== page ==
The ’50s and early ’60s were a pretty standardized time.  There were three TV networks, and they offered similar programming: morning news shows, soap operas and game shows during the day, the evening news, and variety shows, westerns, crime shows, and silly sitcoms at night.  There were good shows, and bad shows — but mostly, the shows seemed to be cut from the same cloth.  Late at night, however, some differences emerged.  In Cleveland, in the early ’60s, the most significant of those differences was Ghoulardi.

Ghoulardi was a TV character invented by Ernie Anderson.  He was the coolest, weirdest TV host we’d ever seen.  He was supposed to be the host of a show that showed movies, but the movies sucked and Ghoulardi made fun of them.  Nobody cared about the movies, anyway, because Ghoulardi really was the show.  He wore a fake moustache and goatee, fake glasses that usually were missing a lens, a white lab coat, and a cheap wig.  His show looked dark and creepy.  He played great music that you didn’t hear on the radio.  He blew up car models on the air.  He showed weird drawings.  He had bizarre skits and in jokes, he regularly made fun of Parma, and he created catch phrases.  You weren’t sure you got all of Ghoulardi’s jokes — in fact, you were pretty sure that you didn’t — but you also thought that the powers that be probably weren’t getting all the jokes, either, which just made Ghoulardi cooler. (The “poker” joke in the YouTube clip below is an example, I think.)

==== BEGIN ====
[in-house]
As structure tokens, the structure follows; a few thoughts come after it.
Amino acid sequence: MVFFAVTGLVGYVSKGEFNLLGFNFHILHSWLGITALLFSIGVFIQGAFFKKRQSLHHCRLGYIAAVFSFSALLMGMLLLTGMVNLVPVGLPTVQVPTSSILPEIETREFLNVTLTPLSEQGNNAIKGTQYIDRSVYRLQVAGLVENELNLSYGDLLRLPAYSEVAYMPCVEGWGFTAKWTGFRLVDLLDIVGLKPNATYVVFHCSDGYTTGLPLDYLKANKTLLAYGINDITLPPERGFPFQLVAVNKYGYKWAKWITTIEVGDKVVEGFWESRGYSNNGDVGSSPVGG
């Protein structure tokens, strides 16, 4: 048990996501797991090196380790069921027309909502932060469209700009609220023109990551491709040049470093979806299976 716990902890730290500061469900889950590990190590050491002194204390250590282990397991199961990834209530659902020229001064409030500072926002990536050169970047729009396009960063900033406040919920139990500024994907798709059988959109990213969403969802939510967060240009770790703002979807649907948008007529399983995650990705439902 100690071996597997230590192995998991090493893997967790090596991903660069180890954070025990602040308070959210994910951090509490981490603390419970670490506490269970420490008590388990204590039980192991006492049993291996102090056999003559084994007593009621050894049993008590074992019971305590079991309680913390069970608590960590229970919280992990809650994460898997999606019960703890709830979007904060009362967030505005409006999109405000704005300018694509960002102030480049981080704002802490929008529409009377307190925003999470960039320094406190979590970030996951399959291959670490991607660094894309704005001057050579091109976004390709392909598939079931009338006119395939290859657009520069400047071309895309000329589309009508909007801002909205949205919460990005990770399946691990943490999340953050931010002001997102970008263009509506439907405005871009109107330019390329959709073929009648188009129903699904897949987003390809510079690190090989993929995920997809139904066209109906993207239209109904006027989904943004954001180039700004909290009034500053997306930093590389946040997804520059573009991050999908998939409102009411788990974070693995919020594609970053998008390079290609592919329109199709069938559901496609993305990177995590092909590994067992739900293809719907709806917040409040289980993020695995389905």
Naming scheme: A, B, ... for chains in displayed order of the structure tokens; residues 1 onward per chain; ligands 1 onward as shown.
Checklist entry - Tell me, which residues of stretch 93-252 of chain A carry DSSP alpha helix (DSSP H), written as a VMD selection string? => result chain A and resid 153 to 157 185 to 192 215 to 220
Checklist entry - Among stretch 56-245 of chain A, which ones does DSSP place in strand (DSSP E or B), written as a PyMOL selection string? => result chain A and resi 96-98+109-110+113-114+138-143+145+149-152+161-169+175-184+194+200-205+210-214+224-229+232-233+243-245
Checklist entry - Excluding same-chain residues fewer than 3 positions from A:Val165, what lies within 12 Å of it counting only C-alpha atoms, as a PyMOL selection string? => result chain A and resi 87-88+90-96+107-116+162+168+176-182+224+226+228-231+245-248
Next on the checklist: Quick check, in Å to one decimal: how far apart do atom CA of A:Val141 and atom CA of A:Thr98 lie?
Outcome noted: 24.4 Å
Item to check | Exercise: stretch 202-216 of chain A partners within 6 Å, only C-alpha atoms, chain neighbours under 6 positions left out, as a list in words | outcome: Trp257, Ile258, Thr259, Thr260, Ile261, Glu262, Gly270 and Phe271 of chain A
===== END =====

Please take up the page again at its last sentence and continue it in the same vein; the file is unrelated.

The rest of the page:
Ghoulardi wasn’t for everyone.  I’m sure the Greater Cleveland Decency League or the Daughters of the American Revolution or some other “pro-decency” organization regularly protested his show.  But, if you were a kid who lived in the Cleveland area you just had to watch him and then talk about him with your friends the next day.

Why should anyone care about a local TV personality who was on the air a few years more than four decades ago?  Because Ghoulardi, and similarly unique local TV personalities from other areas, helped to light the way for the current state of TV in modern America.  Ghoulardi showed that bold and strange TV shows could develop a devoted following, even if the show didn’t broadly appeal to the masses like the standardized pablum that was broadcast on the networks.  Ghoulardi was a niche show before there were niche shows or niche networks.  In that sense, shows like Man vs. Food, Robot Chicken, and Space Ghost Coast To Coast, among many others, owe a debt to Ernie Anderson and his curious, non-conformist character.  He helped to blaze a trail that the entertainment industry is still following, 45 years later.